In the early noughties, The Bookseller ran an occasional series on “real booksellers”. Written by our former retail correspondent Richard Lewis, the idea was to seek out “the unsung heroes of bookselling”, as he put it. As part of the brief he met Odile Hellier, French founder of the Paris-based English-language bookshop Village Voice; Seán Wyse Jackson of Chelsea’s John Sandoe Books; and Brigitte Bunnell, a 23-year veteran of Hatchards.

I was reminded of this series when I met Benjamin Trisk, who part-owns and is chief executive of South Africa’s main bookshop chain, Exclusive Books. When he returned to the business last year after a 30-year hiatus from bookselling, Trisk told his staff: “This is more than just a transaction for me. It is a personal journey . . .” I don’t know if Trisk would have suited Lewis’ definition of a real bookseller, but he feels close enough.

Exclusive’s corporate history is not too different to that of Waterstones, Barnes & Noble or Borders. Around 2007/08 the wheels fell off for the chains, due to a loss of confidence caused by the threat of Amazon, discounting supermarkets and the e-book, which combined to take a signficant amount of customer spend away from the big bookshops. For range there was the internet; for convenience the e-book; and for price the supermarkets. How could real booksellers compete?

Deeper conversation

Trisk is not in the business of making excuses. “If you are a bad retailer you will go insolvent,” he told me. He believes retail needs to be treated as theatre, and points to bookshops that run hundreds of events each year as well as those that provide the backdrop to a deeper conversation—whether through coffee or, as Trisk plans, tapas. The vision is bold and it needs to be. Booksellers may be getting their mojos back, but the reality of the marketplace remains stubbornly fixed. Amazon will not become less competitive, the digital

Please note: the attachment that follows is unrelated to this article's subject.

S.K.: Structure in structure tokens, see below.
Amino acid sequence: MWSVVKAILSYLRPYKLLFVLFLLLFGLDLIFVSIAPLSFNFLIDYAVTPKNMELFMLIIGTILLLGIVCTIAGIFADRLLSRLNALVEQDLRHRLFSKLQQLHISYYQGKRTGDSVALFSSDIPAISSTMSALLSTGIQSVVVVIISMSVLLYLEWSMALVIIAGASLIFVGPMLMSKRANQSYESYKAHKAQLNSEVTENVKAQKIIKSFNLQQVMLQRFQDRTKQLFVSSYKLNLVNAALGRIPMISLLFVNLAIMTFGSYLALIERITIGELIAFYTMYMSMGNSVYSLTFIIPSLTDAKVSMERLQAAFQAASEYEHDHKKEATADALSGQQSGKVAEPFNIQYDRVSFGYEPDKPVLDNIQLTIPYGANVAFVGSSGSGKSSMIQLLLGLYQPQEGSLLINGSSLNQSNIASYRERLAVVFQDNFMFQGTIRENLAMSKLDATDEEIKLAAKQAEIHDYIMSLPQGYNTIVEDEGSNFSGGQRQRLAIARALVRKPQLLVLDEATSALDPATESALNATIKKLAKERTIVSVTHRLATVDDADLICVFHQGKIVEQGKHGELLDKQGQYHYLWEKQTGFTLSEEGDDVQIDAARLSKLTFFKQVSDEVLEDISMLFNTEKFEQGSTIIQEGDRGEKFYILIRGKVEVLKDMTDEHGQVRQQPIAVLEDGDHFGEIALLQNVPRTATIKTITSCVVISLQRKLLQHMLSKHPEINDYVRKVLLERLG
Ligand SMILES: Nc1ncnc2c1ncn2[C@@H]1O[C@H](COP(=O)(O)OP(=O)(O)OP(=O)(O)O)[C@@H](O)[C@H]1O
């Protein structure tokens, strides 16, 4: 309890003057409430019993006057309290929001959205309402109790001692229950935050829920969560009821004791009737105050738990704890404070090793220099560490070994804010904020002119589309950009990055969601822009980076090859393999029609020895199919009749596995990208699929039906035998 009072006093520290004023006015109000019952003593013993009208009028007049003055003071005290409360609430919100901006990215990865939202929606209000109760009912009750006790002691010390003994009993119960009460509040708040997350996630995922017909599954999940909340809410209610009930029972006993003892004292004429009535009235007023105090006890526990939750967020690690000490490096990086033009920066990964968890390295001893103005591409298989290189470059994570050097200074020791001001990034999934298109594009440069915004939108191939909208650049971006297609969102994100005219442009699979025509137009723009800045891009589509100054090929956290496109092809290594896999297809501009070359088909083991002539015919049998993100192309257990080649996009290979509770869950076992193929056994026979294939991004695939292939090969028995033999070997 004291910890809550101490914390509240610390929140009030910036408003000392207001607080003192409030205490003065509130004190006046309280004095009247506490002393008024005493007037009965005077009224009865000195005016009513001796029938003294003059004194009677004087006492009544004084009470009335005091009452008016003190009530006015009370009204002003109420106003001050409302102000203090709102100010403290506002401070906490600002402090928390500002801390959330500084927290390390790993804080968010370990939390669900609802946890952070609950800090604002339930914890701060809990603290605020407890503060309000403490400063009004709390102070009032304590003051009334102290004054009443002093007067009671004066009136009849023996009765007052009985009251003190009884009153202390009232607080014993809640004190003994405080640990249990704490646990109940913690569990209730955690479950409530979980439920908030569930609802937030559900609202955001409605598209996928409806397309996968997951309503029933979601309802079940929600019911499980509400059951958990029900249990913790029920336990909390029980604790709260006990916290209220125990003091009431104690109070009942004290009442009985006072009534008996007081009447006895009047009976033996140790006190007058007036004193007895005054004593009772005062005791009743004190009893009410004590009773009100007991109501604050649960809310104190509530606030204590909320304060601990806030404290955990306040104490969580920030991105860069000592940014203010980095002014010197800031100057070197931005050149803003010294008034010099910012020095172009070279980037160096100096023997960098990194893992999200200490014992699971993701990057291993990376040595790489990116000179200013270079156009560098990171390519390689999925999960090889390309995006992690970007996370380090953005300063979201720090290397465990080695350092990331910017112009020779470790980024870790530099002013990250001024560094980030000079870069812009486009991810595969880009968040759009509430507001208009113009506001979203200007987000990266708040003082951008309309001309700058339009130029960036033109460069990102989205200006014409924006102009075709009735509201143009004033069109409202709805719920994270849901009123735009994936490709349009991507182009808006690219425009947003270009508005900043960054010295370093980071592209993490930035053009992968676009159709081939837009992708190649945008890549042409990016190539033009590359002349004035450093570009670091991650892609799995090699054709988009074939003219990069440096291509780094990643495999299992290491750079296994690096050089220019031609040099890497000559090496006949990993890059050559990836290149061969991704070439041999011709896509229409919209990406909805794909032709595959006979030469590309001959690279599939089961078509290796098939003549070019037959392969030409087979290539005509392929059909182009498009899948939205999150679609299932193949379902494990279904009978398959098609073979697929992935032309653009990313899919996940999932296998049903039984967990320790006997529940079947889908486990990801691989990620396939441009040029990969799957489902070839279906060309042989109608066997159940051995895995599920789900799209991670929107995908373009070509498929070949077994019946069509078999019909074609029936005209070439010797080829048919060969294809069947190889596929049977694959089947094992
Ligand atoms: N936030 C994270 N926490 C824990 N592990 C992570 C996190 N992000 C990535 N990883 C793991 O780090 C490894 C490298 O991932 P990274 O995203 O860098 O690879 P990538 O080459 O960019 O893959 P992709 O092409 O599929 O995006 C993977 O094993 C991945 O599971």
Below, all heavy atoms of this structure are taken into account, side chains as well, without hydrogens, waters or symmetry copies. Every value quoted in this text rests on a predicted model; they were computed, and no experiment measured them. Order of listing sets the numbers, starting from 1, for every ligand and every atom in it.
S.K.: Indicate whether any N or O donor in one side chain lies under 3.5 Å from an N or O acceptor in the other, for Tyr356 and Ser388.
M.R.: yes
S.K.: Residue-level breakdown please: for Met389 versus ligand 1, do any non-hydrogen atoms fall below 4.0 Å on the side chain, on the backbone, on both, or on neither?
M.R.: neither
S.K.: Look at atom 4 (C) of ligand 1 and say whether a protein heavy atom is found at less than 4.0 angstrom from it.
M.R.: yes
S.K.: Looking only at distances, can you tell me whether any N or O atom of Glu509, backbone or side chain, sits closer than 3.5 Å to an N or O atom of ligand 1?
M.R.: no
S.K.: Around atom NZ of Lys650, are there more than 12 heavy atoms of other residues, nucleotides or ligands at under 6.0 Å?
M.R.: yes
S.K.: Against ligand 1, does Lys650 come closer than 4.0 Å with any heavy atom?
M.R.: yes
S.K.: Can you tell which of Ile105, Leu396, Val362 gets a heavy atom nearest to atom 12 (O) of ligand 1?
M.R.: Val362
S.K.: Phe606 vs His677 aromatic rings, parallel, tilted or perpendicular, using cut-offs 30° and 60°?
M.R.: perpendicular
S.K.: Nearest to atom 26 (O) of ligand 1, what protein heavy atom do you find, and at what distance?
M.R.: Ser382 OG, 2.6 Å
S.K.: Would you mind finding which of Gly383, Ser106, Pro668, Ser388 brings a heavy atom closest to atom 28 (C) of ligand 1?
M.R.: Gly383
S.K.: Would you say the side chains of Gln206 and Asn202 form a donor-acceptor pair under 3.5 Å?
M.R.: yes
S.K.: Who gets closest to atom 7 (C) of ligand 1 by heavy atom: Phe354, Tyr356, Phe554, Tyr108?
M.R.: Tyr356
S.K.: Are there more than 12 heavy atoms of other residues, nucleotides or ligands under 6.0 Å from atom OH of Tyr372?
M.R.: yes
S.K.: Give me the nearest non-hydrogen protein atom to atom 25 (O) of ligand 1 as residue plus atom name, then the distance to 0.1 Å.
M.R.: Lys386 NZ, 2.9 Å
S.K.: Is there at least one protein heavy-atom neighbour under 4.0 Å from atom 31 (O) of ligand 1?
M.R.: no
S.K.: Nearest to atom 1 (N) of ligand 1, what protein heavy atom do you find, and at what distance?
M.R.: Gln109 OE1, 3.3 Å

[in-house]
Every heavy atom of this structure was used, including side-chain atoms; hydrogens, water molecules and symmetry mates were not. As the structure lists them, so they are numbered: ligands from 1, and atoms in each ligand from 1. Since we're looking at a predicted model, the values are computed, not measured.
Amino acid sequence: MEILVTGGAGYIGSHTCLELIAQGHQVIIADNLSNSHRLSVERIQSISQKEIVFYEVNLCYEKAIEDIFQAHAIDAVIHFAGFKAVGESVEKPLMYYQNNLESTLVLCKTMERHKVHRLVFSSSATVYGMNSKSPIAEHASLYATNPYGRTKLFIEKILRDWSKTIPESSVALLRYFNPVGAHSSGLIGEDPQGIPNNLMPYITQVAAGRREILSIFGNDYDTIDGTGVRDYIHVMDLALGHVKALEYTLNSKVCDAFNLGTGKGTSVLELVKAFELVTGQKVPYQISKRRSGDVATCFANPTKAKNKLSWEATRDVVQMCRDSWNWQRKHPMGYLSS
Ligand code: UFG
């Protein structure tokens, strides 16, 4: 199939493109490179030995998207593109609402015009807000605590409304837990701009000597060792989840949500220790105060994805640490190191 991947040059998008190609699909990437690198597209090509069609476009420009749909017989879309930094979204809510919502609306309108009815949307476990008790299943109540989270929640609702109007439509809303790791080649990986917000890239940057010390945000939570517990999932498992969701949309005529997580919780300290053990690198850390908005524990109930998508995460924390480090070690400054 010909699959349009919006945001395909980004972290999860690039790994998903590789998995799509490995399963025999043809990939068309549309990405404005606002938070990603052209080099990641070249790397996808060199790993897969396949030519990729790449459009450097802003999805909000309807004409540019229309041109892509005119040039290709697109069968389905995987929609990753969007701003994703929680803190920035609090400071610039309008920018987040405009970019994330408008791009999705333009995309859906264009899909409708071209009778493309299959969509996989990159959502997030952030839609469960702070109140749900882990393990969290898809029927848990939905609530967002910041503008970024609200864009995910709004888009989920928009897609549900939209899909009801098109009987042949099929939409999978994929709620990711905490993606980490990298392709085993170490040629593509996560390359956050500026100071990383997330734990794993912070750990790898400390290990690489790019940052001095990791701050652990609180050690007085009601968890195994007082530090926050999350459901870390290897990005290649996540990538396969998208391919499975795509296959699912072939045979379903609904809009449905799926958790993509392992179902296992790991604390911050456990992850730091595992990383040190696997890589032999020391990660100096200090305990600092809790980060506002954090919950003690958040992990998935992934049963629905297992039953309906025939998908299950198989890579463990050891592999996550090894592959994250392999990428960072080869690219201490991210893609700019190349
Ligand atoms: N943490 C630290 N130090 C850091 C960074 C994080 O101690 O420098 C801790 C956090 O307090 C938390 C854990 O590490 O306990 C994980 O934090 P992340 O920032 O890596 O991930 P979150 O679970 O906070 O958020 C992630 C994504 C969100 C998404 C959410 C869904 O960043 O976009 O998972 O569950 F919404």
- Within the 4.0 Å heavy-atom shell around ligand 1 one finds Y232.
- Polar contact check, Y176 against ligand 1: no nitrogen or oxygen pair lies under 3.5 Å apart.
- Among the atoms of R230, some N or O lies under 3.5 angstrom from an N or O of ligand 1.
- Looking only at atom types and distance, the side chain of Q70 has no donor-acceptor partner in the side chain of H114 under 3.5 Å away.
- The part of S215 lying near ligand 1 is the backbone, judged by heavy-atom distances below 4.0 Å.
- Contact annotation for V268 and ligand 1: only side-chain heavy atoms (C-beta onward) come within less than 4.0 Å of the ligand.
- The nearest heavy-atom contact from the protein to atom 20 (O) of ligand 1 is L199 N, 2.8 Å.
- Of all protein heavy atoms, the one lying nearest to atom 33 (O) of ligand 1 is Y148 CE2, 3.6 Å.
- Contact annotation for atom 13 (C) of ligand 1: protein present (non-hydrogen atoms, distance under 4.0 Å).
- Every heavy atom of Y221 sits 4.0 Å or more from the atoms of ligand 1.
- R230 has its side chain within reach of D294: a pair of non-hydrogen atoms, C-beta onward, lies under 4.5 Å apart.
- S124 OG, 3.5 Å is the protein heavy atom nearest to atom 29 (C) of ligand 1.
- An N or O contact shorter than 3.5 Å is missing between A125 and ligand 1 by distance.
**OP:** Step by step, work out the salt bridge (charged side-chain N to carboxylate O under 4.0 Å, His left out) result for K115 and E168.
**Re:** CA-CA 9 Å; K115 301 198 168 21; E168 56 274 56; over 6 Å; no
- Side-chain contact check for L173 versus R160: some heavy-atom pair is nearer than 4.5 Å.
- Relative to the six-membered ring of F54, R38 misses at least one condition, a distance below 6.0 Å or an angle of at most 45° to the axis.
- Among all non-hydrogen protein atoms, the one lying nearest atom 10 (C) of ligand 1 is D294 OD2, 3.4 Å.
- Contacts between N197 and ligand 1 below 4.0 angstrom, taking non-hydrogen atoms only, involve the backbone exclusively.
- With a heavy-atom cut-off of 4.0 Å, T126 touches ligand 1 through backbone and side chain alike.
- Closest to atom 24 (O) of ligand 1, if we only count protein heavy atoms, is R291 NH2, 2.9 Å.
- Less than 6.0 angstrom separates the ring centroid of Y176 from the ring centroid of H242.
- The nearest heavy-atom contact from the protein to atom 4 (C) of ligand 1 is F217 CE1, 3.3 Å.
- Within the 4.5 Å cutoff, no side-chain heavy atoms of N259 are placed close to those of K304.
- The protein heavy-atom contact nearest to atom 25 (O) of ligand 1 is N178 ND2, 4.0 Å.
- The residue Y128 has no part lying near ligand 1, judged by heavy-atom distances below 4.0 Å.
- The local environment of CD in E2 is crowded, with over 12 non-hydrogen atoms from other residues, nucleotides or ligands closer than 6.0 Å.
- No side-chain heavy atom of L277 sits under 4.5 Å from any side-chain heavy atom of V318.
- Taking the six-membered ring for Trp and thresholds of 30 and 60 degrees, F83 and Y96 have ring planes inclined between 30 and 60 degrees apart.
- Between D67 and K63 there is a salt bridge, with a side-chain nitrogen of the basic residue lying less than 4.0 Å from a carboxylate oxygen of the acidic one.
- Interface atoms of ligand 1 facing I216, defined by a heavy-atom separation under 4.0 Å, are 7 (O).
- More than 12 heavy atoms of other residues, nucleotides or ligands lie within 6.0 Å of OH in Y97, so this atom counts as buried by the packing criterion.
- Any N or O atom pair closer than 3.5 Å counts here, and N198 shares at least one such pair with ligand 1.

Pandora’s Box has been opened and the e-book has leapt forth.

But range booksellers (when combined with astute curation) look to be more change-hardy than others. In another piece, we note that supermarkets’ book sales are losing ground to digital, precisely because their focus has been in areas where online and the e-book have made their biggest dent: commercial titles, discounted frontlist and branded books. The larger battle for “real” booksellers is continuing to attract “real” book-buyers into their stores, and then inspiring them to buy. This is as true in South Africa—where there are said to be one million book-buyers—as it is in the UK, or the US.

Not all booksellers will survive this — Village Voice closed in 2012, after 30 years. But like Trisk, I too believe this is a mission too vital to fail.